Next, I want to recommend a nonfiction book that wasn’t as good as I’d hoped, but was still pretty darn fascinating: THE PROFESSOR AND THE MADMAN: A TALE OF MURDER, INSANITY, AND THE MAKING OF THE OXFORD ENGLISH DICTIONARY by Simon Winchester. There are a few too many instances of Winchester eating his narrative cake and having it too. For example, he tells an apocryphal tale of how Professor James Murray met Dr. W.C. Minor without knowing that he was in an institution for the criminally insane. In fact, Murray learned this in a much less dramatic way. Wincester tells the real, less thrilling version much later in the book. Unfortunately, if you only read the first part of the book, you’d go away with the wrong information.

Less egregious is his lurid narration of the murder that got W.C. Minor in the insane asylum in the first place. The London fog and darkness is well-described and evocative, but, again, it’s written for maximum dramatic effect. What I liked best was the lively description of how the OED was developed; what a monumental task it was– and how it was in some ways a proto-Wikipedia; for the story of poor Dr. Minor and his work on the OED and his insanity. It’s such a sad story: his crazy crime, his time as a Civil War surgeon (he was an American), his pathetic self-mutilation late in life. To see more of Winchester’s broad reach of nonfiction books, go to his website book page.

I also read with great pleasure (thank you Connie Brosi for the recommendation!) FOLLOW THE RIVER by James Alexander Thom. This is an historical novel of the amazing true adventure of Mary Draper Ingles, who was captured by Shawnees, escaped, and walked hundreds of miles home through the Appalachian mountains in early winter through incredible difficulties. She has a companion, too, a crazy, hungry Dutch woman, who adds a kind of twisted humor and interesting human relationship to the amazing physical challenges. Thom does the physical challenges extremely well. He treats Ingles as an ordinary human being bent on survival, and his respect for her has just the right tone. He writes of the horror from the white settlers’ point of view at the scalping and murder by the raiding Shawnees, but also presents the Shawnee villages as complex communities, and even allows Mary a moment of considering accepting her captor, known as Captain Wildcat, as a husband.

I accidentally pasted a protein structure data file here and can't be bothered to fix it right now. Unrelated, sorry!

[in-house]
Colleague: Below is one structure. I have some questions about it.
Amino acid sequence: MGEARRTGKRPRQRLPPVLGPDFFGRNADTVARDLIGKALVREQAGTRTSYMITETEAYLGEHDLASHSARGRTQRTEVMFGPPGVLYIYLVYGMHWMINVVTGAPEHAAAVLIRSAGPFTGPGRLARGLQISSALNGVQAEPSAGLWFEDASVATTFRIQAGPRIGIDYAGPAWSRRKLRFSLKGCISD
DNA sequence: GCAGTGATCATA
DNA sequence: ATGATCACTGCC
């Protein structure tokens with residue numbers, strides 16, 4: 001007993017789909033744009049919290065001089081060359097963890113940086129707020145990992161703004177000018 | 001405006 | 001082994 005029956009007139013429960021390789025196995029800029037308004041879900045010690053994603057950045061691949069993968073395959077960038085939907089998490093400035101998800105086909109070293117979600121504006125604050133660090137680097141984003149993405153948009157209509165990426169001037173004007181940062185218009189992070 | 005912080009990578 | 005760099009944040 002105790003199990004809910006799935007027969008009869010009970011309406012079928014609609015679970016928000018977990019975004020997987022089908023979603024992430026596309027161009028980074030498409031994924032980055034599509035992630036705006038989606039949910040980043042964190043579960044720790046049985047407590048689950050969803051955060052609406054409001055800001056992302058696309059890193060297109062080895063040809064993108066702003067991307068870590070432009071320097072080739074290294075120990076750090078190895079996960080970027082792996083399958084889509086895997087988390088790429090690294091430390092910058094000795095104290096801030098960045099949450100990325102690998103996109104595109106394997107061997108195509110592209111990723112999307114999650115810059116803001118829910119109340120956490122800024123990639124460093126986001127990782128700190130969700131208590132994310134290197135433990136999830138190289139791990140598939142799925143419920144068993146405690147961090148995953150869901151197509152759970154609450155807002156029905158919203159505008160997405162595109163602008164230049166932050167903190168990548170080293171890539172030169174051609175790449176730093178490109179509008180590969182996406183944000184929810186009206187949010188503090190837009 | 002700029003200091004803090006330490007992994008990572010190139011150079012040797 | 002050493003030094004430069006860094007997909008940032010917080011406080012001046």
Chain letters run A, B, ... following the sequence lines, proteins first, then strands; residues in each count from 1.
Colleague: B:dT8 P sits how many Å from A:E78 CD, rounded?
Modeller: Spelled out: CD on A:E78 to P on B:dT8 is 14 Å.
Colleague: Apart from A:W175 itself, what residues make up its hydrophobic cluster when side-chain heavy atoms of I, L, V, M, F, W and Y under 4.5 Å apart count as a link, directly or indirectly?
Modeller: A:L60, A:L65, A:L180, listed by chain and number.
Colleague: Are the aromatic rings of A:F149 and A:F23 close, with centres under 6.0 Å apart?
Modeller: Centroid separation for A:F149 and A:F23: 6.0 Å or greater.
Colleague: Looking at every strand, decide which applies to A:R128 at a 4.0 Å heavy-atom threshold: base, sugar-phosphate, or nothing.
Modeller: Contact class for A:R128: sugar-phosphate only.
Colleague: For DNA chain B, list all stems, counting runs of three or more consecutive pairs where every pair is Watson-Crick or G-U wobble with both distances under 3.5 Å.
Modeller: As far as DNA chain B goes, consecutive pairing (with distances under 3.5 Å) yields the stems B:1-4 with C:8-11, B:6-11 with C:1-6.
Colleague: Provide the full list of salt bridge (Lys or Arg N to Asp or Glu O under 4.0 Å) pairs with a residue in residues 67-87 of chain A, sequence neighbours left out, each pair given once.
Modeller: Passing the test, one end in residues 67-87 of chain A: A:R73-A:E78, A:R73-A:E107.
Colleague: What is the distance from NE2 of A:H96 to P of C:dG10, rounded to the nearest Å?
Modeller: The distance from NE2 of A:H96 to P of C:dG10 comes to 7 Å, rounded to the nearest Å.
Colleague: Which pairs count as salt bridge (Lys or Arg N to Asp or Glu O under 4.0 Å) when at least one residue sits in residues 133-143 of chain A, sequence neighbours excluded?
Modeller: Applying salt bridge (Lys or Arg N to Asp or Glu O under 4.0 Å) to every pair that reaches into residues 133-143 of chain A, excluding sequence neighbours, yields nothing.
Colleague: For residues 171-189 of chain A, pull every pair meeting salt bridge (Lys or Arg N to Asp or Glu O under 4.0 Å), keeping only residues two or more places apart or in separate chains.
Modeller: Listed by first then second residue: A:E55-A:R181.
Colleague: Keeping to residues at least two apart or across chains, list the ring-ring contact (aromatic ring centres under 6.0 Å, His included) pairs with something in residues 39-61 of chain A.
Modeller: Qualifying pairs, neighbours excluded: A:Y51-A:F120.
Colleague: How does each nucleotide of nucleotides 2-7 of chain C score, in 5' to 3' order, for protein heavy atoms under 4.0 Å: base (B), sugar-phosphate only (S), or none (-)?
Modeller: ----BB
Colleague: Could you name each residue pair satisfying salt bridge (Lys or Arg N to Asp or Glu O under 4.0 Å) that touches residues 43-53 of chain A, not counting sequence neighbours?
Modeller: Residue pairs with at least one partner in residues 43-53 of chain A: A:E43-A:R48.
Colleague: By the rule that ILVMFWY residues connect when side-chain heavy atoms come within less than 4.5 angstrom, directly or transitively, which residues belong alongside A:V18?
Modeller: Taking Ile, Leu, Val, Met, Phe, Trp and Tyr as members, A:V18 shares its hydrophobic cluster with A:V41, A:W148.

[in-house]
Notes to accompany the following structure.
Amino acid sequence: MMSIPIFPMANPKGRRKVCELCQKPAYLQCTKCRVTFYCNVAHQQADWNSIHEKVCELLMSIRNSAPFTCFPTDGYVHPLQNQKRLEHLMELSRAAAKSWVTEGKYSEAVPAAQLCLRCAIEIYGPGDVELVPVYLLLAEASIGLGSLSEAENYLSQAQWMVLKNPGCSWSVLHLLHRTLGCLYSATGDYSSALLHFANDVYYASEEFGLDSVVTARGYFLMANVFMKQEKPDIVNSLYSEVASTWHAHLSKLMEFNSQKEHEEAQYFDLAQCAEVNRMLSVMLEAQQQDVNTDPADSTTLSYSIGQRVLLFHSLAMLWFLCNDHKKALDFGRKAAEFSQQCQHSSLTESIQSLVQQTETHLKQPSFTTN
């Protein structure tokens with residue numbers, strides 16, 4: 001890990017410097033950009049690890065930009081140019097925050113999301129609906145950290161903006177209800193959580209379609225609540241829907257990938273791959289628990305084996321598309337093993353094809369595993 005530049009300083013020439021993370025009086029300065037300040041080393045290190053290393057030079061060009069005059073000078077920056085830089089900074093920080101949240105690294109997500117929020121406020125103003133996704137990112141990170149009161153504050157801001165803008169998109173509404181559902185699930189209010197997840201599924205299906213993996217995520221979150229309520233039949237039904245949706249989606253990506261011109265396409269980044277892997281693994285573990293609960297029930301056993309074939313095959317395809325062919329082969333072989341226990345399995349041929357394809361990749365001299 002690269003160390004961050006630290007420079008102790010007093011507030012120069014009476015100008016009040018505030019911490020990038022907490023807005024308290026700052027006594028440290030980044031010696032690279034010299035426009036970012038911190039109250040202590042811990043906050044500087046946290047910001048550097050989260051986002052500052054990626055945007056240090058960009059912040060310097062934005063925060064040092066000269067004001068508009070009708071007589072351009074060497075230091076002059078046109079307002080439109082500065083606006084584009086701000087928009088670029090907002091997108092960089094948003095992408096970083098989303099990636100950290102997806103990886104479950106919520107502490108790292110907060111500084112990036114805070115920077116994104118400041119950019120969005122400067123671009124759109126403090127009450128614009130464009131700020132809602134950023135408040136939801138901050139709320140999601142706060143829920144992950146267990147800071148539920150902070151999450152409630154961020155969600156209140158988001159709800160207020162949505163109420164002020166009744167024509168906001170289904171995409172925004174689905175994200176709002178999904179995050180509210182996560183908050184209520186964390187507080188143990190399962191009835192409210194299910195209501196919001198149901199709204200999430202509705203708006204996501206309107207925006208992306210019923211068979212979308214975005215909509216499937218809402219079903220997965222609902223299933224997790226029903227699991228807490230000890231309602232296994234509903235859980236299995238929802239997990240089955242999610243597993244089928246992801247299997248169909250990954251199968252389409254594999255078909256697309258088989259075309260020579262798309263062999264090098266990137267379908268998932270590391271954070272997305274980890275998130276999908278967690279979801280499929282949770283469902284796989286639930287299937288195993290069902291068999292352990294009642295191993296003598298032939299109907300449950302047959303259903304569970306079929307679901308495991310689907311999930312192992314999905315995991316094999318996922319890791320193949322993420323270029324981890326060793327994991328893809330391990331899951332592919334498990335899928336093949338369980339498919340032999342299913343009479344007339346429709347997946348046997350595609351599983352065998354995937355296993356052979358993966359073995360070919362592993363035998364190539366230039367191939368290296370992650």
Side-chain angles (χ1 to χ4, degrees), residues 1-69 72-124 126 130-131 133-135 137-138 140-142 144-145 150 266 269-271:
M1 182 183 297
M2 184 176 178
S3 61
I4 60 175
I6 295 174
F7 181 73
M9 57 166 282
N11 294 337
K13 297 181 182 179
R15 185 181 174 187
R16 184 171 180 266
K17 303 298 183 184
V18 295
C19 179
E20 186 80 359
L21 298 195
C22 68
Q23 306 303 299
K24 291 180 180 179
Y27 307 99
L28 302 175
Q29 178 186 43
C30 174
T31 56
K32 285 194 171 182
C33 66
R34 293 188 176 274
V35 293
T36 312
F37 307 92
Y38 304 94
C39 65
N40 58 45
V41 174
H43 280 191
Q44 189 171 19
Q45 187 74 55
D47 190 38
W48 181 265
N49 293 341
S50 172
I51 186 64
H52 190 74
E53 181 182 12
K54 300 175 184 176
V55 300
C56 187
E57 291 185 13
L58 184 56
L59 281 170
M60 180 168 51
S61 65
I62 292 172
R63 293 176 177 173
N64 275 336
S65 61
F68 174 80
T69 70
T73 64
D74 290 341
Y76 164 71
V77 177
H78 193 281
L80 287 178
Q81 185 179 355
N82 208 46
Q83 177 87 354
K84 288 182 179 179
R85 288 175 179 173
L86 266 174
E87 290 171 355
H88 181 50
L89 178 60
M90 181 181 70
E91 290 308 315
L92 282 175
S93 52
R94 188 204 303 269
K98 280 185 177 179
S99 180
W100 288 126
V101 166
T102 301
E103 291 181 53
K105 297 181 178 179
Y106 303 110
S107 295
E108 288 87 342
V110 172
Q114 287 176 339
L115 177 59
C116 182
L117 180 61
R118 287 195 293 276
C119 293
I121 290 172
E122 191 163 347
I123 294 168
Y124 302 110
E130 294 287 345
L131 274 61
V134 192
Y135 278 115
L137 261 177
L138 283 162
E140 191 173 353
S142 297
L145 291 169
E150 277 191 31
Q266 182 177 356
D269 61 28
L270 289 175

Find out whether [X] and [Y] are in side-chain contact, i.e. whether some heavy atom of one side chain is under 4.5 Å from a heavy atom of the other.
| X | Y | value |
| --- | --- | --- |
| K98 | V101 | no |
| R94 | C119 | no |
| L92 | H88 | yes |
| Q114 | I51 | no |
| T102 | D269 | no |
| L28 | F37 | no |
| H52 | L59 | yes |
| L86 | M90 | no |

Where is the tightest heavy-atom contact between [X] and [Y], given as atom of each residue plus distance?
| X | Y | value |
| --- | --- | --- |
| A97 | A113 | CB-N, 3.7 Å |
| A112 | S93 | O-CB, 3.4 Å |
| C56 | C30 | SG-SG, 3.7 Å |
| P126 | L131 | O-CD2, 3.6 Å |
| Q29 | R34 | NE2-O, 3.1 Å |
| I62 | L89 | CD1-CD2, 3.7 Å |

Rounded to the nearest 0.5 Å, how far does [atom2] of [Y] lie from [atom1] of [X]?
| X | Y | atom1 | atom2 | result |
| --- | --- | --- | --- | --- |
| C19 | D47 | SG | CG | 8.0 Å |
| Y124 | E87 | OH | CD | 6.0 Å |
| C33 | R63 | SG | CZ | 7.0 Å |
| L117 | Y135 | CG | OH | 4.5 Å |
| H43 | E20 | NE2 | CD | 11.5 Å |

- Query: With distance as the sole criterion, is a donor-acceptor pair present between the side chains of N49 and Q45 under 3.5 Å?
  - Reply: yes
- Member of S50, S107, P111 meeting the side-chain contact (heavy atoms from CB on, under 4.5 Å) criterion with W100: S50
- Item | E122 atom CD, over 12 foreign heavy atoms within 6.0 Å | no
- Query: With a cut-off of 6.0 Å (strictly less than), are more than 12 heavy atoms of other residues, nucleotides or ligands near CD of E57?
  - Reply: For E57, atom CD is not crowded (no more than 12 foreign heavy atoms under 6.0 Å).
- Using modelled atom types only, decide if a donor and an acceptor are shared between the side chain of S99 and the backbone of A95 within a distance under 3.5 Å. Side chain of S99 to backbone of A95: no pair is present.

When Mary chooses to run away and go home, she has to leave three children behind. The afterword of the novel tells about how one of her sons is eventually returned to the white world, but has an ambivalent relationship with it, and often returns to the Shawnee world.

I hope to read more of Thom’s books (see his website ), and the work of his wife Dark Rain Thom, a voting member of the council of the East of the River Shawnee of Ohio.

Finally, to stick with the old fashioned delight of tales well told, I have a new guilty addiction: the George R.R. Martin swords and sorcery series, FIRE AND ICE, starting with GAME OF THRONES. Boy, was this fun, and now about to become a series on HBO. It isn’t the kind of serious fiction I aspire to write myself (although when I enjoy it so much, I sometimes ask myself why it isn’t), and I could never read only this kind of book with its portentous hints of dark deeds past and darker deeds to come, with its beheadings and sword play, but it is fun fun fun. Part of what makes it work for me is that Martin, like James Alexander Thom, is willing to grant his women agency and power. There’s one charming girl character who is even a fighter, and a couple of armored warriors who are women as well as leaders. Another really good character is a dwarf known as the Imp who is a member of the bad royal family, but clever and humorous, and probably the most consistently reasonable voice in the book. I like some of the point-of-view characters more than others– the Imp and the fighter girl are my favorites– and I admit to speeding up over the whack thwack and sickening crunch of the battle scenes. One thing Martin does so well is the sorcery element– the dragons and secret magic– which are dealt with sparingly, which is fine with me, as my complaint in novels with magic is always that the writers tend to use magic or the arrival of the good dragons from the sky to solve plot problems they couldn’t resolve otherwise. So far, Martin is doing it all right.

Meredith Sue Willis